• What are our team member’s computer competencies? What is the learning curve?

How Can You Accelerate Your Company’s Digital Transformation?

Analyze Operations: The first step in a digital transformation is analysis. Whether you conduct an in-house review or hire a skilled third party that helps companies navigate wall-to-wall computational upgrades, it’s essential to start with an accurate assessment of the business’s operations.

Analyze Customers: After you take stock of back-office operations, it’s time to peel back the layers on your customers. Invest in a thorough examination of how the people who use your services and products interact with them.

Match Competencies and Leverage Technologies: Once you have a 360-degree view of your operations and customer interaction, it’s time to pick your technologies. Finding solutions that fit your team’s budget and skills will help ensure the best possible outcome.

We are well into the digital age, and waiting to embark on a digital transformation is no longer an option. Tackle one step at a time, enlist experts, and take the plunge.

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Why You Need to Modernize Your Data Real Estate

How Does Your Company’s Data Real Estate Measure Up?

Are you still letting your gut guide business and promotional plans? In today’s market, where nearly 60 percent of companies leverage “big data” and growth statistics indicate a 5,000 percent industry increase over the past 10 years, it’s a dangerous choice — especially since that number continues to grow. Before long, data-rooted marketing and procedural initiatives will become as commonplace as the Internet.

This industry push toward informational analytics begs the question: How is your company’s digital data game? Are you keeping up with the times or lagging woefully behind? 

Why Is Data So Important These Days?

Data is like a crystal ball. It provides insight into market trends, customer behavior, and back-office logistics. Companies that invest in informational architecture tend to save money and increase efficiency, giving them a competitive edge. 

What Is Data “Real Estate?”

Data “real estate” refers to the software, hardware, and reporting mechanisms a business uses to collect, sort, and analyze raw data. The phrase can also encompass your informational pipeline and procurement methods. 

How To Modernize Your Data Real Estate?

Decades ago, when businesses first started leveraging data, most IT analytics tools were static and limited. Microsoft Excel and Access were the big players back then. In short order, relational databases popped onto the scene, but early options required lots of human data entry, and they lacked dynamism.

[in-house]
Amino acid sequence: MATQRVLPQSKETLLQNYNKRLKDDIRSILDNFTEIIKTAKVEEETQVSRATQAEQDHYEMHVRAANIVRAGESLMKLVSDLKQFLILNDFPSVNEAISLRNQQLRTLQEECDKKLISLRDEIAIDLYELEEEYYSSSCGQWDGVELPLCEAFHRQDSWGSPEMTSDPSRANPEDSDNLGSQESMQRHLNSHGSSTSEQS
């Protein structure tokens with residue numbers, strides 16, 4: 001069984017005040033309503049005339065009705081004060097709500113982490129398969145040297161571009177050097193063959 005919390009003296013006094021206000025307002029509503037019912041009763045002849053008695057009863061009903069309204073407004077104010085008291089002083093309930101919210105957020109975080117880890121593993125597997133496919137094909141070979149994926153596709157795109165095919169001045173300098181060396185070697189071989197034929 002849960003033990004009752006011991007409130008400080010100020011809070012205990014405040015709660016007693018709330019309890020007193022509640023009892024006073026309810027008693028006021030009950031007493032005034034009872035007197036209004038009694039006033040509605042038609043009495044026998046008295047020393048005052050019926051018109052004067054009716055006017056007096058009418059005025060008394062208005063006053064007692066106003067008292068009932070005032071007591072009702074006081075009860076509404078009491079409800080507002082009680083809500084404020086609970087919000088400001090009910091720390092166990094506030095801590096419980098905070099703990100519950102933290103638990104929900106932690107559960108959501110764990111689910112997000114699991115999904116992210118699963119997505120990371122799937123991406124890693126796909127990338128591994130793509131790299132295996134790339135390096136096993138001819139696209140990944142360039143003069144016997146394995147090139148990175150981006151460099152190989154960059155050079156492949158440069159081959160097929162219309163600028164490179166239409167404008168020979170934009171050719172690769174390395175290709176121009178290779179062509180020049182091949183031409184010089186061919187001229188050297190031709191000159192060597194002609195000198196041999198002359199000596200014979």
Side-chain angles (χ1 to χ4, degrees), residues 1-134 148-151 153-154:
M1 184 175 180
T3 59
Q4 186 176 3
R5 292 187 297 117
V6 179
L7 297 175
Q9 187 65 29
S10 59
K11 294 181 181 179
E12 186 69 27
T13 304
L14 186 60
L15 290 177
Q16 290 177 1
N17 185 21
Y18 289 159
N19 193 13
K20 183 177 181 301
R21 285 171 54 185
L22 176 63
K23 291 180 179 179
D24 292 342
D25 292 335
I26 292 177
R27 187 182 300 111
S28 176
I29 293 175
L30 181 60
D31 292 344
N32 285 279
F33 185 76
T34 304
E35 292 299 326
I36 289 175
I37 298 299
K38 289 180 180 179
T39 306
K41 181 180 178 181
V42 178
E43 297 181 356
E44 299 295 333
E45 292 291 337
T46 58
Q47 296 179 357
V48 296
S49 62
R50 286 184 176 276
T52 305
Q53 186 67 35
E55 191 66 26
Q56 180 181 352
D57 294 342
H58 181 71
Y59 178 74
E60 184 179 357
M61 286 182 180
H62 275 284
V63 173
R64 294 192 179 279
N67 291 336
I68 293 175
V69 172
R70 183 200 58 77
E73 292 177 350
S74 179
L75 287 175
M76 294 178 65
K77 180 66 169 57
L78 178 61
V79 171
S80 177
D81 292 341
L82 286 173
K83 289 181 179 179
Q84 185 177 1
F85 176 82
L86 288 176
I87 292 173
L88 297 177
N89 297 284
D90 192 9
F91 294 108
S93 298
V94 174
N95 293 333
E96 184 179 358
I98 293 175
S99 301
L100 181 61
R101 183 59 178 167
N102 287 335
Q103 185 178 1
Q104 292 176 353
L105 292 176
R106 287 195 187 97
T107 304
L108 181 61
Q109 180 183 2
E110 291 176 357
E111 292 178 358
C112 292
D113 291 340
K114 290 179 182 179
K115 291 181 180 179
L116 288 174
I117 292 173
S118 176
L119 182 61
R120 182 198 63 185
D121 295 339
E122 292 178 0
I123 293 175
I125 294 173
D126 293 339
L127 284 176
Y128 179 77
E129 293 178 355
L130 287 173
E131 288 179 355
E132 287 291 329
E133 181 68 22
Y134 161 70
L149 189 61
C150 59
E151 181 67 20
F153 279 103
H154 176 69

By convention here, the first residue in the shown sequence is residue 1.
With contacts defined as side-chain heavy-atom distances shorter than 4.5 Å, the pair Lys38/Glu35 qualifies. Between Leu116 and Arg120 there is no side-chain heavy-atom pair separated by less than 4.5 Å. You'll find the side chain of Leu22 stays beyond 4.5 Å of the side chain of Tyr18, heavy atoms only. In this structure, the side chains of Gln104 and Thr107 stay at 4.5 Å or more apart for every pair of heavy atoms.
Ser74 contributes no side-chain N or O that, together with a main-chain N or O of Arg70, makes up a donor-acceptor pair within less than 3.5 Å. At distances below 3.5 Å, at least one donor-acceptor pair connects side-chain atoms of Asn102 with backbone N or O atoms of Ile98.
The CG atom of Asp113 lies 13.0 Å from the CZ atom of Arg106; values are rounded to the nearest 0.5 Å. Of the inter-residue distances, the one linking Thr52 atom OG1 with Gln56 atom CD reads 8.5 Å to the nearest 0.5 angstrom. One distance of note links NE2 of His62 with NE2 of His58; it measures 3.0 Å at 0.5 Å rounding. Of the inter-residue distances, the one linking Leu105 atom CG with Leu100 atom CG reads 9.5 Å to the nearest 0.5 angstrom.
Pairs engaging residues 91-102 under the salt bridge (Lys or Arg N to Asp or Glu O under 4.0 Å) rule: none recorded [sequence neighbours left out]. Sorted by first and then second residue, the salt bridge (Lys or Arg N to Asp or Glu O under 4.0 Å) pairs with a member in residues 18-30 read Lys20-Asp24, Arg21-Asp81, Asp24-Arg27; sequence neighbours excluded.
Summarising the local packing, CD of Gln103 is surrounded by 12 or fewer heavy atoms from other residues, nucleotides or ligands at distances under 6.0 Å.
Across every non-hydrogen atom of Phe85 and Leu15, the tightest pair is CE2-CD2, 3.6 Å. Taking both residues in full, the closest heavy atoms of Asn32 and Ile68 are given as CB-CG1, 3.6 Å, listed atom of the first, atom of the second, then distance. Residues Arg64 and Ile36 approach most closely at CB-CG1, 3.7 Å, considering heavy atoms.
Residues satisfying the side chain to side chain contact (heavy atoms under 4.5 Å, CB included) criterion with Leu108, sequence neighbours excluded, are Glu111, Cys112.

If you’re still paddling in that data puddle, it’s time to modernize. Today’s options are light-years ahead, and they’ll likely improve your bottom line in the long run. 

Embrace Automation and Merge Your Lakes

Automation advancements have seismically changed the data pipeline landscape. Today’s programs can handle many routine parsing, cleaning, and sorting tasks. What once took hours now takes minutes. Additionally, auto-correction and other machine-learning innovations have significantly improved data accuracy. 

Streamline Your Data Flow: Moving from ETL vs. CDC

The next step in modernizing your data real estate is moving from an ETL environment to a CDC one. ETL stands for “extract, transform, load,” while CDC represents “change data capture.” We could write a dissertation on the technical differences between the two methodologies, but for the purposes of this conversation, suffice it to say that the latter provides a constant stream of fresh data while the former is more of a traditionally manual process.

Now here’s where things get a little bit confusing. CDC uses ELT, which stands for “extract, load, transform” — the next generation of ETL, which allows for better speed and fluidity.

The Future Is Now, And It’s Data-Driven

In days of old, when Mad Men ruled Madison Avenue, business acumen was more of a talent than a science. And while it still takes competency and knowledge to run a successful company, data analysis removes a lot of the guesswork. 

The margin of error is becoming increasingly narrow, and leveraging big data will help ensure that you keep a competitive edge.

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Can Decision Intelligence Drive Your Analytics Strategy?